SINGAPORE - Rich lists might generate envy among many, but they do provide a useful snapshot of a country's economy. One look at Singapore's league tables of the wealthy and it is clear that this is a nation where creativity and innovation take a back seat to bricks and mortar.
Half of Singapore's 16 billionaires on the Singapore segment of Forbes' Billionaires list, released last month, derive their wealth from property development and hotels.
On Singapore's 50 Richest List, released by Forbes in August, nearly half were property tycoons too.
Coming out on top in Singapore is Far East Organisation, founded by the late Ng Teng Fong and now run by his sons, Philip and Robert Ng.
Another success story is that of Mr Kwek Leng Beng, whose wealth comes from listed City Developments, as well as other companies in the family's unlisted Hong Leong Group.
Other property families include the Kwee brothers, whose Pontiac Land owns five-star hotels such as the Regent Singapore, as well as office buildings like Millenia Tower.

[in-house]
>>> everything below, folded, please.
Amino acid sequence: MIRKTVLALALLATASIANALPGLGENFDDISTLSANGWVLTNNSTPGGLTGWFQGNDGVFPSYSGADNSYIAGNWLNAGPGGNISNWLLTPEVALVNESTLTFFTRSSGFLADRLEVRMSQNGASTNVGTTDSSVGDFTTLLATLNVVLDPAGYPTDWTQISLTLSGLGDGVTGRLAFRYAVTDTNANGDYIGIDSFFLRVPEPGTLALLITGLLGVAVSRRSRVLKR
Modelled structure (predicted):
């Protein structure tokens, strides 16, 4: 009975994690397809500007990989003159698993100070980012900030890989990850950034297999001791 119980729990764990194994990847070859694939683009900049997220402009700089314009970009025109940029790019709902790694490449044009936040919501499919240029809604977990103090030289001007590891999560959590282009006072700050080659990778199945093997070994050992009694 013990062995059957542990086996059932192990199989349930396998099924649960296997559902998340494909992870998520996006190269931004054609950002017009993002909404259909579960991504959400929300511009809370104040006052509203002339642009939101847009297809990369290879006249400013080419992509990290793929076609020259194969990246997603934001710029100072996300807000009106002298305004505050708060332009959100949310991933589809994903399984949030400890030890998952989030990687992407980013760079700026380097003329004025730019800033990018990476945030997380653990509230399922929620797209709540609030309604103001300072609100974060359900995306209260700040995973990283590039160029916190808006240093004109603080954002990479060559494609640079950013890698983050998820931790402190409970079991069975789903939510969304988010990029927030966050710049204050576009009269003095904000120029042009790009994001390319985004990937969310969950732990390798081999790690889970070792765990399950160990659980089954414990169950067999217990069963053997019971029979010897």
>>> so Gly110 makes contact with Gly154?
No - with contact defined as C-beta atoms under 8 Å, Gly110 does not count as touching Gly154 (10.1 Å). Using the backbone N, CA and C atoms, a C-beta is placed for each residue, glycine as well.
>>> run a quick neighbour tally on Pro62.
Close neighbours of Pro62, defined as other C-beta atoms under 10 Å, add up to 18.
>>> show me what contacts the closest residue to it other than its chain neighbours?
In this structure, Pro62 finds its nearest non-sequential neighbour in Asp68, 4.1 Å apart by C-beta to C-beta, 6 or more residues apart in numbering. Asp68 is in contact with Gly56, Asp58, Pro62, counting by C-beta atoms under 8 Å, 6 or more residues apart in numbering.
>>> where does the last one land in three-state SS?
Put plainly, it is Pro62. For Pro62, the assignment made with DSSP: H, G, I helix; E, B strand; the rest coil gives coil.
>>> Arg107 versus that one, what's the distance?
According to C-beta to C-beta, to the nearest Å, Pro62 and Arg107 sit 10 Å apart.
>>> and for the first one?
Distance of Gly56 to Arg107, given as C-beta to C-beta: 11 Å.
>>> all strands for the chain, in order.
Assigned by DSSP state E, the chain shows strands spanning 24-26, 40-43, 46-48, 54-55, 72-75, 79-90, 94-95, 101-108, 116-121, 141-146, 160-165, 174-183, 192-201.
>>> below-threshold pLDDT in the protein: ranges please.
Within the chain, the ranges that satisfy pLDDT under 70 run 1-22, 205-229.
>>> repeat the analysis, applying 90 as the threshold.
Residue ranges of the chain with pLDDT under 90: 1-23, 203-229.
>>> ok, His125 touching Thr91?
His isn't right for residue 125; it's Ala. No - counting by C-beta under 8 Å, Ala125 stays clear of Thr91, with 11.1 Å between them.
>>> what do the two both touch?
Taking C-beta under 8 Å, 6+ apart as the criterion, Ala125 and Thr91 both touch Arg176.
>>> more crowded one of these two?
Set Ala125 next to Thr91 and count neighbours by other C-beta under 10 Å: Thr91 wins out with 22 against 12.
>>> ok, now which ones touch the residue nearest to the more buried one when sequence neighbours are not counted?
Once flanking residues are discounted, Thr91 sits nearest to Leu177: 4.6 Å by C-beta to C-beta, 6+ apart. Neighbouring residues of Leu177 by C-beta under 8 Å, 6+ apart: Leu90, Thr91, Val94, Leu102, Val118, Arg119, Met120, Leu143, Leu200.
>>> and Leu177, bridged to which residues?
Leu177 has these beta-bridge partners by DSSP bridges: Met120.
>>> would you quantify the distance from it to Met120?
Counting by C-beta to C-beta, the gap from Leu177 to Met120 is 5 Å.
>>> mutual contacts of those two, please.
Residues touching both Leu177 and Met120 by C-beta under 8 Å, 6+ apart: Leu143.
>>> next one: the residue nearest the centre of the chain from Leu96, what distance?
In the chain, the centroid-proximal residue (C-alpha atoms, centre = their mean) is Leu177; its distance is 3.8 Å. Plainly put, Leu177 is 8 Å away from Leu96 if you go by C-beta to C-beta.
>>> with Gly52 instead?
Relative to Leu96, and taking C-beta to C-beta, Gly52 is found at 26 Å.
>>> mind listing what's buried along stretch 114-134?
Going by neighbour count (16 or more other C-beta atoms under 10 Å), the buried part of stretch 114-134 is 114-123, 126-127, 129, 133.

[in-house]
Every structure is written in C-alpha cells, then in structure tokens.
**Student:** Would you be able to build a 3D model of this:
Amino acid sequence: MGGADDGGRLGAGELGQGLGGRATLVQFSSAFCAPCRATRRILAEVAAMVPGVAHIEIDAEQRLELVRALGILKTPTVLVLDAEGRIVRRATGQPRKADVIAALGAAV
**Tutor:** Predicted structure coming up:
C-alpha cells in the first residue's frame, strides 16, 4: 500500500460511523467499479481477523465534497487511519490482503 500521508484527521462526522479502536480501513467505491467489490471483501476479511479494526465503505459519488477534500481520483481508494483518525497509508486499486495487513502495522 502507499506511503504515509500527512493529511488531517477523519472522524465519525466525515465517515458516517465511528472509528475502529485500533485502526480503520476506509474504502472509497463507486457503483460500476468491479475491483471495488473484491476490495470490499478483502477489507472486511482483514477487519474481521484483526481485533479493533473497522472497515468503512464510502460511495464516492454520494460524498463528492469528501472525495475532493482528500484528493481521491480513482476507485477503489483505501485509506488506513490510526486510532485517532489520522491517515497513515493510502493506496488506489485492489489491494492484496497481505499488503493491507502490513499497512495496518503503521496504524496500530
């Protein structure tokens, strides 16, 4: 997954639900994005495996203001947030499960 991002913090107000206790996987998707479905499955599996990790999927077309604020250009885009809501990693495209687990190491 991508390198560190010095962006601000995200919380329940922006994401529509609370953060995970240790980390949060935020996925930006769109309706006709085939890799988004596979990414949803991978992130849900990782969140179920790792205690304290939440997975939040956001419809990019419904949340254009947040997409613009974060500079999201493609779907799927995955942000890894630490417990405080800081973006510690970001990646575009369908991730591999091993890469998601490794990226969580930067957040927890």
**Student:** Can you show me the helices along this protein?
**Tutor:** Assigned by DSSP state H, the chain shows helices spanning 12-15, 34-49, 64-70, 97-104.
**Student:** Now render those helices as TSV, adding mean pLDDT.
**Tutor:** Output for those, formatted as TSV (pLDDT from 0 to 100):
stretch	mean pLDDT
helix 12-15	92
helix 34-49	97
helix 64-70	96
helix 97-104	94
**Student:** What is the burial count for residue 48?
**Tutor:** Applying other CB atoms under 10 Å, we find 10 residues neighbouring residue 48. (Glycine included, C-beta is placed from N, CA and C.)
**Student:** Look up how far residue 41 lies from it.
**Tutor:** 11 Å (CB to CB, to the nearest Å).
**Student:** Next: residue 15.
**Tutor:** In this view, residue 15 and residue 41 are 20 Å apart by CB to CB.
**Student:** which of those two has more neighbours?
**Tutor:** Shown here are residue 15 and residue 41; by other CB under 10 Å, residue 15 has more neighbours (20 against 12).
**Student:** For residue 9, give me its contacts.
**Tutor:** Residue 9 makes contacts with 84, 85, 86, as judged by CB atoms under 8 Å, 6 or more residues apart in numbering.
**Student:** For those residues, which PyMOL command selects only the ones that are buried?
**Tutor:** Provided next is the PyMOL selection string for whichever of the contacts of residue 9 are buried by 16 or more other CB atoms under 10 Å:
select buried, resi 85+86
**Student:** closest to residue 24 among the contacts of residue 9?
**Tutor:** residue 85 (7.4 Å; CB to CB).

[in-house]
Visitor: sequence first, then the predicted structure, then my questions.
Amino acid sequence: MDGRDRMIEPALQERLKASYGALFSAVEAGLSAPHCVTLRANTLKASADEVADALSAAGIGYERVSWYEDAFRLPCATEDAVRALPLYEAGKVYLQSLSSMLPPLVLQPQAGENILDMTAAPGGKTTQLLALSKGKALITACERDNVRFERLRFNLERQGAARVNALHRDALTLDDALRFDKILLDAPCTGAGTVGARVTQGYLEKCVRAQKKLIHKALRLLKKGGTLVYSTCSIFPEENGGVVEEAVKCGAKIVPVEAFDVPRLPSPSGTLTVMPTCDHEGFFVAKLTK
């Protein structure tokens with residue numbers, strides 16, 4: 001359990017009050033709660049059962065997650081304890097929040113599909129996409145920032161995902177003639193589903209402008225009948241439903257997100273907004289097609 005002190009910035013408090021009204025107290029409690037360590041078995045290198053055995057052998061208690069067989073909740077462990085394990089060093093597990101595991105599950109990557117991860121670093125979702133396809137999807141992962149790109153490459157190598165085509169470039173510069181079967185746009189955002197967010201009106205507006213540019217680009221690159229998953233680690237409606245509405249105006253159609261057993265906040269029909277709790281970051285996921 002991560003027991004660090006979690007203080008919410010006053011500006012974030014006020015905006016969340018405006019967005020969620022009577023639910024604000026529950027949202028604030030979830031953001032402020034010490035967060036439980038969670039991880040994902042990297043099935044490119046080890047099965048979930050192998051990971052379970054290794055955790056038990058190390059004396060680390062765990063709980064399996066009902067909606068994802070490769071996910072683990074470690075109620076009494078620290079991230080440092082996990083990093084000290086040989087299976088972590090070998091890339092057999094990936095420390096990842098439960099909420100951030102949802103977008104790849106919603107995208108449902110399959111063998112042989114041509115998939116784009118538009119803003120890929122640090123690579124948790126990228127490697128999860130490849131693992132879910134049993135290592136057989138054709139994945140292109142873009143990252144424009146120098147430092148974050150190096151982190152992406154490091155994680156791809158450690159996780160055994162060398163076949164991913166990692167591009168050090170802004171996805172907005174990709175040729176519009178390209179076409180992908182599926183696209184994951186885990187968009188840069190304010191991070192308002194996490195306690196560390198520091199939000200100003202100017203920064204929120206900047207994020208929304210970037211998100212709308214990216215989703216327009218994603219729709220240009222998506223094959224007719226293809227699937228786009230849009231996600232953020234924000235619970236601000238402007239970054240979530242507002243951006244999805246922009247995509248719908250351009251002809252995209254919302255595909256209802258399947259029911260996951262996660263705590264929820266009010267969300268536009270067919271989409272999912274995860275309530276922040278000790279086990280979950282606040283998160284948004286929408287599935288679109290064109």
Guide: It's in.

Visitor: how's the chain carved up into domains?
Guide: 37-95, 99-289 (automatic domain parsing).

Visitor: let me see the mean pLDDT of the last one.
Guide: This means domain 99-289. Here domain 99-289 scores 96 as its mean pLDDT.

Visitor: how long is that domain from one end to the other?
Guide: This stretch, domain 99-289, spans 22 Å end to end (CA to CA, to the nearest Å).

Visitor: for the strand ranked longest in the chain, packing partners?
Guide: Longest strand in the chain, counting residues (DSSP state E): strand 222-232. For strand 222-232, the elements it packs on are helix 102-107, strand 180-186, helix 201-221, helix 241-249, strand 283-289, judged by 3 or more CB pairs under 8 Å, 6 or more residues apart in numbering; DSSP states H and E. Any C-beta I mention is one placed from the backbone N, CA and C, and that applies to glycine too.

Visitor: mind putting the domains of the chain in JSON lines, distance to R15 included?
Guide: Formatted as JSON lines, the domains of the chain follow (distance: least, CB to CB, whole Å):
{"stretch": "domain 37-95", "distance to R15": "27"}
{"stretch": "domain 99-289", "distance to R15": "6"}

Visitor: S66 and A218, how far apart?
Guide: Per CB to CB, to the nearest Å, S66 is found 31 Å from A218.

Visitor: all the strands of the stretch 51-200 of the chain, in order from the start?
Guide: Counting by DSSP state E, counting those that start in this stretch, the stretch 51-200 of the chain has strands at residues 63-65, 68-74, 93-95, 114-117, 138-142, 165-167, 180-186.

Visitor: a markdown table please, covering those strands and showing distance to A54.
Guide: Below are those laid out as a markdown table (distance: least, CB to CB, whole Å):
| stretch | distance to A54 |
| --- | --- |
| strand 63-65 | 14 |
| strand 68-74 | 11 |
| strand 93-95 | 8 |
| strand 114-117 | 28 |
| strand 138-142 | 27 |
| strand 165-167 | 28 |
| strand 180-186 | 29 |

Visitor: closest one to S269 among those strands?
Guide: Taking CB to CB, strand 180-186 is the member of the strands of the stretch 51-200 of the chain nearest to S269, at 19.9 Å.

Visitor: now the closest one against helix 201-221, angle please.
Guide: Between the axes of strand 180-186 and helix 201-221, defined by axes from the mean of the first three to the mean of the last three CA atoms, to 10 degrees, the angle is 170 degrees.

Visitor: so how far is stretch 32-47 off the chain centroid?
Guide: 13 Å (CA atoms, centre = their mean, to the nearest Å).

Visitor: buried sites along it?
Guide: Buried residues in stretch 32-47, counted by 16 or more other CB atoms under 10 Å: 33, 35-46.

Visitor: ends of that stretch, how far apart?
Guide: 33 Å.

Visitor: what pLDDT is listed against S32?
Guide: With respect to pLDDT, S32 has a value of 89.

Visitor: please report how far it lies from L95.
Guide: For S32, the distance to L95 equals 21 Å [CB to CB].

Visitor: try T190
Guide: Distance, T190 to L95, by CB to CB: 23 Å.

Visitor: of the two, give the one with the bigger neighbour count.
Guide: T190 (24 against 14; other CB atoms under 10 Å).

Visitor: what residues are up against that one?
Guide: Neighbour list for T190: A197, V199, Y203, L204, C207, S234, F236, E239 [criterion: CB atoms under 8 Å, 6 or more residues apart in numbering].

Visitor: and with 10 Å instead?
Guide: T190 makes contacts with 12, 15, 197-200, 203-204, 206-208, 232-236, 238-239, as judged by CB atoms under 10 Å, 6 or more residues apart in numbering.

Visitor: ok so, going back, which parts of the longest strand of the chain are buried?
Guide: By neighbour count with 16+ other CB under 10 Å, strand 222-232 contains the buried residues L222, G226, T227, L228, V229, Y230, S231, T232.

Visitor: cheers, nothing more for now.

Real estate has also given a leg up to an entire range of entrepreneurs in Singapore.
There is father-son pair Raj Kumar & Kishin RK, whose Royal Holdings and RB Capital portfolio contains assets such as Gallery Hotel. Son Kishin is also developing Farrer Park Medical Centre in Little India.
Even the humble budget-hotel chain has given Mr Koh Wee Meng of Fragrance Hotel and Mr Choo Chong Ngen of Hotel 81 a path to fortune, at No. 17 and 23 respectively on Singapore's 50 Richest List. Another player is Oxley's Ching Chiat Kwong, who popularised "shoebox" units, or very small apartments.
Like in Hong Kong, Singapore's success as a financial and trading hub has made property a sure bet in recent decades.
Singapore's transformation from British colony to developed economy benefited property developers as the population grew, fuelling demand. Singapore's strength as a trading and financial hub has also propelled the values of property assets higher.
Even the banking families behind OCBC Bank, United Overseas Bank and the former Overseas Union Bank can attribute some of their wealth to real estate. A buoyant property market would have benefited their home, construction and business loan units, for example.